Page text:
Just within the past few months, for instance, global materials science and digital identification solutions company Avery Dennison announced that it will be working with TEXAID, a European firm specialising in the collection, sorting, repair, reselling and recycling of used textiles.9 Through piloting digital identification technologies, TEXAID aims to improve its textile sorting process with the potential for garments to be automatically directed to relevant resale or recycling streams.

Elsewhere, activewear brand Lululemon has begun a multi-year collaboration with Australian enviro-tech startup, Samsara Eco, to scale circularity through textile-to-textile recycling10, while researchers at Cornell University in the US have developed a new method that breaks old clothing down chemically so that the polyester compounds can be used to create fire-resistant, anti-bacterial or wrinkle-free coatings for clothes and fabrics.11

As EU policymakers continue to grapple with the enormity of the challenge in front of them when it comes to textile waste, industry innovations and collaborations such as these could be vital in addressing many of the issues highlighted by the Changing Markets report.


1 Take-back Trickery - Changing Markets

2 CM-tracking-PR-all-other-countries.docx (

3 Circular economy for textiles (

4 the separate collected textile,while the rest is exported.

5 Textiles strategy (

6 More work needed on EU’s textile waste reduction plan, campaigners say –

7 (1) The EU Textile Waste Proposal – Rushed policies built on a poor understanding of reality | LinkedIn

8 Waste Framework Directive (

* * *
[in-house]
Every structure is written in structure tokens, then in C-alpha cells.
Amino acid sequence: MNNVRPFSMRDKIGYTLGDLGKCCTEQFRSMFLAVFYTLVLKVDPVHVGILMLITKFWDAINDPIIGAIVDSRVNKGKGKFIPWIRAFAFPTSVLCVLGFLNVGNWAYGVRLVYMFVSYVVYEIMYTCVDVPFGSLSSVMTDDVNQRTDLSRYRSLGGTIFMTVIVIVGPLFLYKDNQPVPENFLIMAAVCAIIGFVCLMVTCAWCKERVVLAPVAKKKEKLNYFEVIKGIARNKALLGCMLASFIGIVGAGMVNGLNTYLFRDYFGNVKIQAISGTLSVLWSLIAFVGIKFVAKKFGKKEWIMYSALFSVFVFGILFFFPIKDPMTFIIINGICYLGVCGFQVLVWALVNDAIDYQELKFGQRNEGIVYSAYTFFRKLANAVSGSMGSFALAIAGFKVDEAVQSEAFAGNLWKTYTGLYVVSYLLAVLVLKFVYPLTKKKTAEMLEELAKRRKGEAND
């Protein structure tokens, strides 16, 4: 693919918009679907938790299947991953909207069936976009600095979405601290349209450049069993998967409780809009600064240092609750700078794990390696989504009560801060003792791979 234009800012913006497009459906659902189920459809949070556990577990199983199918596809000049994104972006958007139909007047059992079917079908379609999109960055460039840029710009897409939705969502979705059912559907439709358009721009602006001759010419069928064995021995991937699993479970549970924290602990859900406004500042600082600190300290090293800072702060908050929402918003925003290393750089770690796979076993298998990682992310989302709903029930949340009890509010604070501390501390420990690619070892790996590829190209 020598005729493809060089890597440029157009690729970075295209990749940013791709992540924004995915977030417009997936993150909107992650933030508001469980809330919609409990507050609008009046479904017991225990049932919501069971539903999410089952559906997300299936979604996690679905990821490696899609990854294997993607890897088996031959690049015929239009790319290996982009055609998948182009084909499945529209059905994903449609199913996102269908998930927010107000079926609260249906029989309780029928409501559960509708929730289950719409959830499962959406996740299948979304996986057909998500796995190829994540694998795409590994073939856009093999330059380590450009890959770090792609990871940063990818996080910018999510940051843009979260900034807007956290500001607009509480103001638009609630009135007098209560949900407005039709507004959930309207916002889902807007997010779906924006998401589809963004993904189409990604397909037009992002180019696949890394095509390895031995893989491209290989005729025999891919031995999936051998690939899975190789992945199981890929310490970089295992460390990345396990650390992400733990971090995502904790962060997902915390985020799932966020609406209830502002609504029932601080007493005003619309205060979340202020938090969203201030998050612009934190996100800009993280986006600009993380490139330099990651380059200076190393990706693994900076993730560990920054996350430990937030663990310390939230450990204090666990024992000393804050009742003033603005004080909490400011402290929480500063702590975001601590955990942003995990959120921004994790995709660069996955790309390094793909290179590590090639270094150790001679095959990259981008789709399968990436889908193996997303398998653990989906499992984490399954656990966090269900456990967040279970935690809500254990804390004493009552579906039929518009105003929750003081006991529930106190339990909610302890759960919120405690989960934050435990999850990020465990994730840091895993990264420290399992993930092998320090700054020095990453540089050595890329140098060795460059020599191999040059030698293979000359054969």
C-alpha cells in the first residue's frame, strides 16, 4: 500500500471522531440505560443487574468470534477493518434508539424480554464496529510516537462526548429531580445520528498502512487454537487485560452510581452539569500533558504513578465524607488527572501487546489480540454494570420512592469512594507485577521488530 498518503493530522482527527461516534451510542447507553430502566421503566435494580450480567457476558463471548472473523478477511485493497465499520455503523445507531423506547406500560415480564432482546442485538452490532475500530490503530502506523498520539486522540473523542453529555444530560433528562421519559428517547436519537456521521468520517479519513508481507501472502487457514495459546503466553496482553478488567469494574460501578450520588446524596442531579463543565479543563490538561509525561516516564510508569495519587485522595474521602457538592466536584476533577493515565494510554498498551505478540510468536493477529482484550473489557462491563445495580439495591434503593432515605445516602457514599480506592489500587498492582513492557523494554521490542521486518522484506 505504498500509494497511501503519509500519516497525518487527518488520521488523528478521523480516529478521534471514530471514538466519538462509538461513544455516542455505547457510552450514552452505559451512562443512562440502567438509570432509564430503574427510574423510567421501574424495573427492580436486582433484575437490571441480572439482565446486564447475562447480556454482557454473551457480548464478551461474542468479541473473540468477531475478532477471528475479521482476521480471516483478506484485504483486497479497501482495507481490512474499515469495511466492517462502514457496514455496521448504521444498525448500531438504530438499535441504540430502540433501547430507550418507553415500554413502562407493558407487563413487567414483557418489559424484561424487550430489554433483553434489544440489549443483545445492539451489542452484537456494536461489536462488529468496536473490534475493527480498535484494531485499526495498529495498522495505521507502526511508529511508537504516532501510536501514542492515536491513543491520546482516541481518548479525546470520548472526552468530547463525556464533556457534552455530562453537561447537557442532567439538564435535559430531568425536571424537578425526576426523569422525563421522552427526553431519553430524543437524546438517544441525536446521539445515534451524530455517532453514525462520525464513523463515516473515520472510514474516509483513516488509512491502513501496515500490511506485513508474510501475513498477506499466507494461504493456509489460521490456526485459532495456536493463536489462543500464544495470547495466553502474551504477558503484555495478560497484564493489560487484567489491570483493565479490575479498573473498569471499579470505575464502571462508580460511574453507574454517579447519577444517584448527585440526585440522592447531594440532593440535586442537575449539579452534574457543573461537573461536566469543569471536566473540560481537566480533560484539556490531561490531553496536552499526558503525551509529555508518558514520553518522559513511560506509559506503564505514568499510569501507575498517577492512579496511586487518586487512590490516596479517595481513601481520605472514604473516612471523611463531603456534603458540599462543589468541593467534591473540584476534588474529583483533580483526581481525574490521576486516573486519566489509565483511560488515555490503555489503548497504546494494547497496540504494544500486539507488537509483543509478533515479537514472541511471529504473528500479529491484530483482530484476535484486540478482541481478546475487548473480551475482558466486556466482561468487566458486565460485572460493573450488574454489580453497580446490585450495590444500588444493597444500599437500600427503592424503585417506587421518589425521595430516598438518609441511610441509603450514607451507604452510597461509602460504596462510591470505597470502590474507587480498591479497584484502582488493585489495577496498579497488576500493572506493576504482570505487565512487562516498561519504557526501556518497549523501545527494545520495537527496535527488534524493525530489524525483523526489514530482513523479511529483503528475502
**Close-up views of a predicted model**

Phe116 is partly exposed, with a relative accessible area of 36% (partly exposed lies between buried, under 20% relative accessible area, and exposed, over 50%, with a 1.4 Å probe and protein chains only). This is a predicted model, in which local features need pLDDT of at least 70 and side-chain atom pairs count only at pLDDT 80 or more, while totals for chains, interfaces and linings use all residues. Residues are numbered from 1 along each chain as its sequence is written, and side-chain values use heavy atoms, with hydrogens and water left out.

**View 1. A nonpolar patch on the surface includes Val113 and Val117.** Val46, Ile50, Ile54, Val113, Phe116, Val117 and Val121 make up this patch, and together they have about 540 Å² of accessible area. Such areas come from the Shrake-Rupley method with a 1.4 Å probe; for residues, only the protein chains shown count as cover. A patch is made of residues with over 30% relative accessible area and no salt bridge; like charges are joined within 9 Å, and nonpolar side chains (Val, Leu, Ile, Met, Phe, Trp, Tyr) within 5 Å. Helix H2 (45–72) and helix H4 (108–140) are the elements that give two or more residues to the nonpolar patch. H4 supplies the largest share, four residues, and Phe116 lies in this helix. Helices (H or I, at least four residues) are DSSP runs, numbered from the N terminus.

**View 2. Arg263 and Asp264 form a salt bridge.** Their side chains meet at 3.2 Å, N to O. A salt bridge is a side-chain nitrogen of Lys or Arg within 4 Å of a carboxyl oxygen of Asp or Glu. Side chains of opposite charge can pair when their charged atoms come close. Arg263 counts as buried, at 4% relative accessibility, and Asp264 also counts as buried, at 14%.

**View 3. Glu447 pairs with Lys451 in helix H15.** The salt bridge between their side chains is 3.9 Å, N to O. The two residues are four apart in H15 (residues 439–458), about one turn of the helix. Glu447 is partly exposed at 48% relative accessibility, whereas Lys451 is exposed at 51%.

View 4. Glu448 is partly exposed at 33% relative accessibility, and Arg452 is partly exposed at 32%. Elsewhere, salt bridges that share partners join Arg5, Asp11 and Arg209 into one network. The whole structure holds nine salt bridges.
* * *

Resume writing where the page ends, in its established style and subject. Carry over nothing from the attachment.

9 Transforming textile recycling: Avery Dennison and TEXAID unveil innovative collaboration | Avery Dennison | RFID

10 Samsara Eco partners with lululemon to tackle textile recycling — Samsara Eco

11 Upcycling method turns textile trash to functional coatings | Cornell Chronicle

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Jonathan Dyson

Jonathan's work on the sports industry has been published by The Times, The Observer, The Independent and The Sun, as well as Sport Business, Off The Pitch, FC Business and Zero Carbon Academy.

He has also contributed to BBC Radio 5 Live, Middle East Eye, The Scotsman,, World Soccer, When Saturday Comes, Wisden Cricket Monthly and School Sport.

Away from sports, he has held full-time and freelance roles at a number of global B2B publishers. He was the Founding Editor of Twist - a magazine covering the latest developments across the fashion industry supply chain. The title is published by World Textile Information Network (WTiN). Following the success of the launch of Twist, Jonathan was promoted to Head of Content at WTiN. In this newly-created role, he was responsible for developing WTiN's digital content and social media presence as the company evolved from being a magazine publisher to a market-leading media company across all platforms.